On Movies 1: The Devil’s Rejects

The Devil’s Rejects is a fan favorite with a good reputation in the horror community. Directed by one Robert Bartleh Zombie and featuring his wife in a starring role, I had my misgivings. His record on directing horror films is not spotless. However, I did sort of enjoy House of 1000 Corpses and TDR is a kind of a sequel to House so when I saw the film was free on Hulu I thought I should watch it. Eventually. Honestly, I don’t watch a lot of tv these days and I took my time getting to it. There is a lot to talk about in this film, so I’m glad I took the time. I’ll try not to spoil in the paragraphs ahead, but the movie is almost 12 years old, so I won’t be trying particularly hard. Caveat lecteur.

This film is about the fall of the murderous Firefly family, a crowd of marginally clever serial killers who stick together as a family and prey on the rest of the world– mostly ladies– from their decaying farmhouse. This sequel fortunately abandons the paperclipped-on subplot involving the cyborg-building Doctor Satan that semi-hilariously presented itself at the end of 1000 Corpses [is Doctor Satan the titular Devil of this film? If so, he is curiously absent.] and moves on to the day that local law enforcement closes in on the Fireflys (Fireflies?), killing and capturing several of their number and leaving the rest on the run. The film details their attempts to reunite their family and find a safe haven, murdering for convenience’s sake along the way and torturing when they get bored. This continues until the tables turn, forcing them to run from their own monster, and the wicked family meets its end Butch and Sundance style.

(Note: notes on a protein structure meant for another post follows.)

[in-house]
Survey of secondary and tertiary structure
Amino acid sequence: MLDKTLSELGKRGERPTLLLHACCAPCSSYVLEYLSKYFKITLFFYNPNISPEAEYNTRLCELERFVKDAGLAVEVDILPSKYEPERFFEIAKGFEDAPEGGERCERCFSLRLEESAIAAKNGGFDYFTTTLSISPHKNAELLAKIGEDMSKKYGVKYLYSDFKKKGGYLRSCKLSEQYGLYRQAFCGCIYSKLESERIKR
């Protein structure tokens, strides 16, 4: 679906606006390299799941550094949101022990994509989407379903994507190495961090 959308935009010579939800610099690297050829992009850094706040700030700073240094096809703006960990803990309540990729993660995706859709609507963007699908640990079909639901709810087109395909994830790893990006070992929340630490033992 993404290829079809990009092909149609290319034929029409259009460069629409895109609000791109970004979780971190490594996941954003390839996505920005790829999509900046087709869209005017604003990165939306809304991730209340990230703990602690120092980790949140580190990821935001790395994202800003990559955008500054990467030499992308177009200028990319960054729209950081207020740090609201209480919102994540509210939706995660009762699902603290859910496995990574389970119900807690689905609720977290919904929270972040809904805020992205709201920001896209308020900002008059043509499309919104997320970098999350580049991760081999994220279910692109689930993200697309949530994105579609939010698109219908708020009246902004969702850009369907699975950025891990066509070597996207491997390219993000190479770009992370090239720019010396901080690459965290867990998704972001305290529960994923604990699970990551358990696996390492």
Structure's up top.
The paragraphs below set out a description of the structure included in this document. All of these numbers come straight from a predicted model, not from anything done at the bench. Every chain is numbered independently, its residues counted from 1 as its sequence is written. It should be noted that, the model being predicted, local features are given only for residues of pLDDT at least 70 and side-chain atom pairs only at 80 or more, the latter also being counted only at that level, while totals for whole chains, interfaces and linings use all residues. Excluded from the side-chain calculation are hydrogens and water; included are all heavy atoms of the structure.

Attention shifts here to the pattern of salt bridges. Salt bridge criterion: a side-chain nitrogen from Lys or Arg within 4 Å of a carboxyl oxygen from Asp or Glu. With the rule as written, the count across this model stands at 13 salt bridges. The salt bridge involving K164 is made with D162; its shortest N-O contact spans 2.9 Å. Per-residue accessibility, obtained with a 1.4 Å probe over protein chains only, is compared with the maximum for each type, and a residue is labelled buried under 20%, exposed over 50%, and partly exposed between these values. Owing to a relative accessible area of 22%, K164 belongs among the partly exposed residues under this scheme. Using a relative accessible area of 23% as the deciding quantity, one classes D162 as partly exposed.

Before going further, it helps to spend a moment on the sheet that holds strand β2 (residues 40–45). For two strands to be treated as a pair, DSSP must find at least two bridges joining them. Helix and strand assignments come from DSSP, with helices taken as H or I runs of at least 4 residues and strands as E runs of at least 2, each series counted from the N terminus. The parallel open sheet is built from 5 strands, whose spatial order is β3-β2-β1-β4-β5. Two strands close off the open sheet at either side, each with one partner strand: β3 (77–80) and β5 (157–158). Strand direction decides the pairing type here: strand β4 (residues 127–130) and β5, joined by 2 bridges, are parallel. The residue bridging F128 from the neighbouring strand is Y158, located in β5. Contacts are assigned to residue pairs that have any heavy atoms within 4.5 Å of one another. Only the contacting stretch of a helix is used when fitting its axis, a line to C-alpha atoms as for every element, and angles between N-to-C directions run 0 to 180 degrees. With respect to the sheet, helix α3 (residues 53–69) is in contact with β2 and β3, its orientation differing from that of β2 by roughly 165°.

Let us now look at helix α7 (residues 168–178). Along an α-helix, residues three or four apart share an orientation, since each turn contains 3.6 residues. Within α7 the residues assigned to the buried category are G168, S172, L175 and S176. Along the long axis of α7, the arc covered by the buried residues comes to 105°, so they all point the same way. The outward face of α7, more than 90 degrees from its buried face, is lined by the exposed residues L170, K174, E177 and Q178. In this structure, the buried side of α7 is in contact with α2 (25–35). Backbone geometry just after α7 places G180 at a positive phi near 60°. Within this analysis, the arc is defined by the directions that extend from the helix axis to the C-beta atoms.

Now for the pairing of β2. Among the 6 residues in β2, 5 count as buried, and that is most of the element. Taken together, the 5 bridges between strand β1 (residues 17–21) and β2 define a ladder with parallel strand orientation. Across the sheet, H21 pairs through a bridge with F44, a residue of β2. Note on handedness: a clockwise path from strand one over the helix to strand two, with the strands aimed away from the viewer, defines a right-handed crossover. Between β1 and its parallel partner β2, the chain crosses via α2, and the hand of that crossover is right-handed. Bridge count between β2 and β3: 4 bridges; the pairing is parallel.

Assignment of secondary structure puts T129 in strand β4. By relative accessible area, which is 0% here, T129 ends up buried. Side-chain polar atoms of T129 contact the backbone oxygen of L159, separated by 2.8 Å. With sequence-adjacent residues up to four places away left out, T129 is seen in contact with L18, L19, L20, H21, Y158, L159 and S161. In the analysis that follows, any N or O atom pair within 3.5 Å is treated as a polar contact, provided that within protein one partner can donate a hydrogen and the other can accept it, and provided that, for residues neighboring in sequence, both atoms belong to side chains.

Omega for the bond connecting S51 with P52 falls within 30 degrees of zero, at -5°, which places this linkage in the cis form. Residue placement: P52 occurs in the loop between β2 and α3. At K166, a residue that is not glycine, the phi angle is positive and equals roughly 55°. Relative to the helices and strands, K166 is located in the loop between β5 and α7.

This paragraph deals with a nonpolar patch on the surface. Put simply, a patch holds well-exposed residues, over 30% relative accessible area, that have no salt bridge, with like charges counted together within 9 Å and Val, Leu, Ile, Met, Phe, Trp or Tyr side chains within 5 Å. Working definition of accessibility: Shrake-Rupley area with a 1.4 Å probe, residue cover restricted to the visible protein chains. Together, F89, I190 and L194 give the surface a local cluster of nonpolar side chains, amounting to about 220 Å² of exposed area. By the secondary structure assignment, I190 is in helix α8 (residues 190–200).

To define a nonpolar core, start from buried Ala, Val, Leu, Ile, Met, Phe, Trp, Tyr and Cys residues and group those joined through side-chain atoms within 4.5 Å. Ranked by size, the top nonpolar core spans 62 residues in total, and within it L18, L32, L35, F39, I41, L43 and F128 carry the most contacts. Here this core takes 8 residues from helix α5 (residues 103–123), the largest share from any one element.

For the first half of the film I wasn’t engaged or having a good time. Otis and Baby’s cliched cruelties were not entertaining, and I was distracted by the loose plot threads I saw unraveling everywhere I turned. Oddly, I didn’t mind the myriad problems in House of 1000 Corpses nearly as much as I did in this film. I think my expectations were raised by the higher caliber camerawork and the fact that there were professional attempts to keep the plot moving forward and no random arthouse music videos slowing things down. I found myself mentally talking to the screen– “Nice homemade body armor! Looks cool, but did you know that you can buy those now? For a lot less money than y’all peckerwoods spent overstocking on guns.” and “Yes, leave the body in the road and take the car. No one will find a body in a road. It’s not like cars and drivers have some sort of connection police can use.” “Oh good, quote Charles Manson disciple Tex Watson, no one’s ever done that before,” and of course my constant cinematic refrain “Guns make sounds. Sounds travel. Motels call police when you fire guns.” All of these problems seemed positively designed to convince of the Fireflys’ stupidity. I don’t like horror movies with stupid protagonists; apparently when the protagonists are 90% evil this rule still applies.